Genetic association of zinc transporter 8 (ZnT8) autoantibodies in type 1 diabetes cases.

Howson JM, Krause S, Stevens H, Smyth DJ, Wenzlau JM, Bonifacio E, Hutton J, Ziegler AG, Todd JA, Achenbach P - Diabetologia (2012)

Association of ZnT8A with SNPs in the MHC region of chromosome 6. SNPs are analysed in up to 1,021 type 1 diabetes cases at the WTCCC SNPs (crosses) and up to 1,123 type 1 diabetes cases at the T1DGC SNPs (dots). −log(p value for association with ZnT8A positivity) is plotted against physical position in megabases (Mb). The physical locations of the HLA classical loci are also given
© Copyright Policy
Related In: Results  -  Collection

Show All Figures
getmorefigures.php?uid=PMC3369141&req=5

Fig1: Association of ZnT8A with SNPs in the MHC region of chromosome 6. SNPs are analysed in up to 1,021 type 1 diabetes cases at the WTCCC SNPs (crosses) and up to 1,123 type 1 diabetes cases at the T1DGC SNPs (dots). −log(p value for association with ZnT8A positivity) is plotted against physical position in megabases (Mb). The physical locations of the HLA classical loci are also given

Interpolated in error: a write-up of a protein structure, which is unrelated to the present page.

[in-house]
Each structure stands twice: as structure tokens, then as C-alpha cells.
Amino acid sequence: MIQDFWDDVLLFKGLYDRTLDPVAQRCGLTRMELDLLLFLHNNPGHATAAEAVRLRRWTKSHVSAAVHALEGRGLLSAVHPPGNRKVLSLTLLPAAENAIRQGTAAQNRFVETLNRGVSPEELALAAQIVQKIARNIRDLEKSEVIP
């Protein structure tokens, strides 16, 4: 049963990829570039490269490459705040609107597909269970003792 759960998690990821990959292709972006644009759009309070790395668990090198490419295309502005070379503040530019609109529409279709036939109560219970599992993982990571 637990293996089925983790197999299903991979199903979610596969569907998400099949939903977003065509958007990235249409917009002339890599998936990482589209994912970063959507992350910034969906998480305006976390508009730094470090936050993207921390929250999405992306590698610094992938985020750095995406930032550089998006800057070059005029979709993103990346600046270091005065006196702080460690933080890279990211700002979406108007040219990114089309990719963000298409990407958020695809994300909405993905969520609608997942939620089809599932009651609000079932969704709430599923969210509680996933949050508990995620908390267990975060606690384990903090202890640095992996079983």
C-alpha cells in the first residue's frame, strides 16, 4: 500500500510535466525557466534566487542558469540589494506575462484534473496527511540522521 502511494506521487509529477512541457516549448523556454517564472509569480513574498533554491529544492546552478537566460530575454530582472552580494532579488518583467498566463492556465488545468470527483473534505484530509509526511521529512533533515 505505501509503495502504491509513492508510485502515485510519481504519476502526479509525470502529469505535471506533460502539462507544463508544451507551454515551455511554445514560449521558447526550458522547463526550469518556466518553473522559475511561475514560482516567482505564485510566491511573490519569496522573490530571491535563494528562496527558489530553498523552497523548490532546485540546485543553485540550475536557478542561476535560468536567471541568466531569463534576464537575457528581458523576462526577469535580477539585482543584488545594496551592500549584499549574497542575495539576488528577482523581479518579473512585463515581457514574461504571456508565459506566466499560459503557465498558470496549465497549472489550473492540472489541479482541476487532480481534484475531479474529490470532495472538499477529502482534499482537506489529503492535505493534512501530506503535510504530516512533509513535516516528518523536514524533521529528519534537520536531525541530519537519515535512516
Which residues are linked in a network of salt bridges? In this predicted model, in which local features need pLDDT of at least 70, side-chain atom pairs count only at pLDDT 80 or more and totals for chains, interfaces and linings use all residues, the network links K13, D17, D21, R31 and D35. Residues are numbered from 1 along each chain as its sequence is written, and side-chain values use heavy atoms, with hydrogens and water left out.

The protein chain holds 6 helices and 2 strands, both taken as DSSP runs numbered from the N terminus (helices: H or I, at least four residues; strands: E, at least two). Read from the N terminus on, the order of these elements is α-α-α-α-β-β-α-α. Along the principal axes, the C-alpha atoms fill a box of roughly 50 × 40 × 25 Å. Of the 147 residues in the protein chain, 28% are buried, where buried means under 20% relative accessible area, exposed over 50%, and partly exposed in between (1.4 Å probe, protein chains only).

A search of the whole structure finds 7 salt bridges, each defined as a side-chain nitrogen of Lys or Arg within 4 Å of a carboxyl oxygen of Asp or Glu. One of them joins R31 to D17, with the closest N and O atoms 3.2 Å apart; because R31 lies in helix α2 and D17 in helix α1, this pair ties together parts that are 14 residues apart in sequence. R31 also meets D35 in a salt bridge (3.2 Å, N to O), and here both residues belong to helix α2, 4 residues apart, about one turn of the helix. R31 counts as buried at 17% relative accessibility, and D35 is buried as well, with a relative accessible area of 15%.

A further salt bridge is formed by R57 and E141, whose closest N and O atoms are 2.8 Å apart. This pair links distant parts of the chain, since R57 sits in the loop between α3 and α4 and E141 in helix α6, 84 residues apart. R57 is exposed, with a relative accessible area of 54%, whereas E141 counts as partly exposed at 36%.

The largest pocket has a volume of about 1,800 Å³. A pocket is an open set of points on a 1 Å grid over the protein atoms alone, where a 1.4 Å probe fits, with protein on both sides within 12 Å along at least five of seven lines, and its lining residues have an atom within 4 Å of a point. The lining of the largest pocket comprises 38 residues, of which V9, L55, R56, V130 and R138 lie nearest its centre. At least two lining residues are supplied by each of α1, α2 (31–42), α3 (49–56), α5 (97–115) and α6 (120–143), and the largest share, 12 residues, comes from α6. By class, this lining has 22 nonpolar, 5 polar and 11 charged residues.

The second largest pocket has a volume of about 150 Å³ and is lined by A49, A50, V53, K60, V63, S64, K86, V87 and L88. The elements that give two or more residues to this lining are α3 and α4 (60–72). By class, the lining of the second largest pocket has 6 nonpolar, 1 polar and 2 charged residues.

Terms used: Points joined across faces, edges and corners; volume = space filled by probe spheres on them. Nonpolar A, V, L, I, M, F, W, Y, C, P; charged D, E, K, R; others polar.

Mentions: Outside of the HLA, no evidence of association with positivity for ZnT8A was obtained in the type 1 diabetes associated regions with the British cases (p > 0.03). None of the classical HLA loci, HLA-DRB1, HLA-DQB1, HLA-A, HLA-B and HLA-C, were associated with ZnT8A (p > 0.05; Fig. 1). Evidence of association in the HLA region mapped to the class I region (Fig. 1). The most strongly associated SNP was rs2855812 (p = 2.25 × 10−5) in MICB in the T1DGC cases, and rs9258750 (p = 3.00 × 10−4) near HLA-A in the WTCCC cases. The genotyping of these SNPs was extended to over 2,100 cases in which ZnT8A was measured (electronic supplementary material [ESM] Table 1). The rs9258750 SNP showed more evidence of association with positivity for ZnT8A (p = 2.06 × 10−9; OR for the major A allele 1.82 [95% CI 1.49, 2.23]) than rs2855812 (p = 5.80 × 10−5; OR for the minor T allele 1.33 [95% CI 1.16, 1.53]). The two SNPs were not in linkage disequilibrium (LD) (r2 = 0.02, D′ = 0.33) and hence appear to mark independent effects (p = 7.2 × 10−4 for the addition of rs2855812 to rs9258750, and p = 5.83 × 10−8 for the addition of rs9258750 to rs2855812). rs9258750 was in LD with HLA-A*24 (r2 = 0.54, D′ = 0.98). HLA-A*24 was associated with ZnT8A positivity (p = 2.03 × 10−4), but this was due to rs9258750: p = 0.95 for the addition of HLA-A*24 to rs9258750, compared with p = 0.0015 for the addition of rs9258750 to HLA-A*24 in regression models. The association of rs9258750 with positivity for ZnT8A was confirmed in an independent family dataset of white European ancestry (p = 0.0014; OR for the major A allele 1.57 [95% CI 1.19, 2.06] in the 833 affected family members successfully genotyped).Fig. 1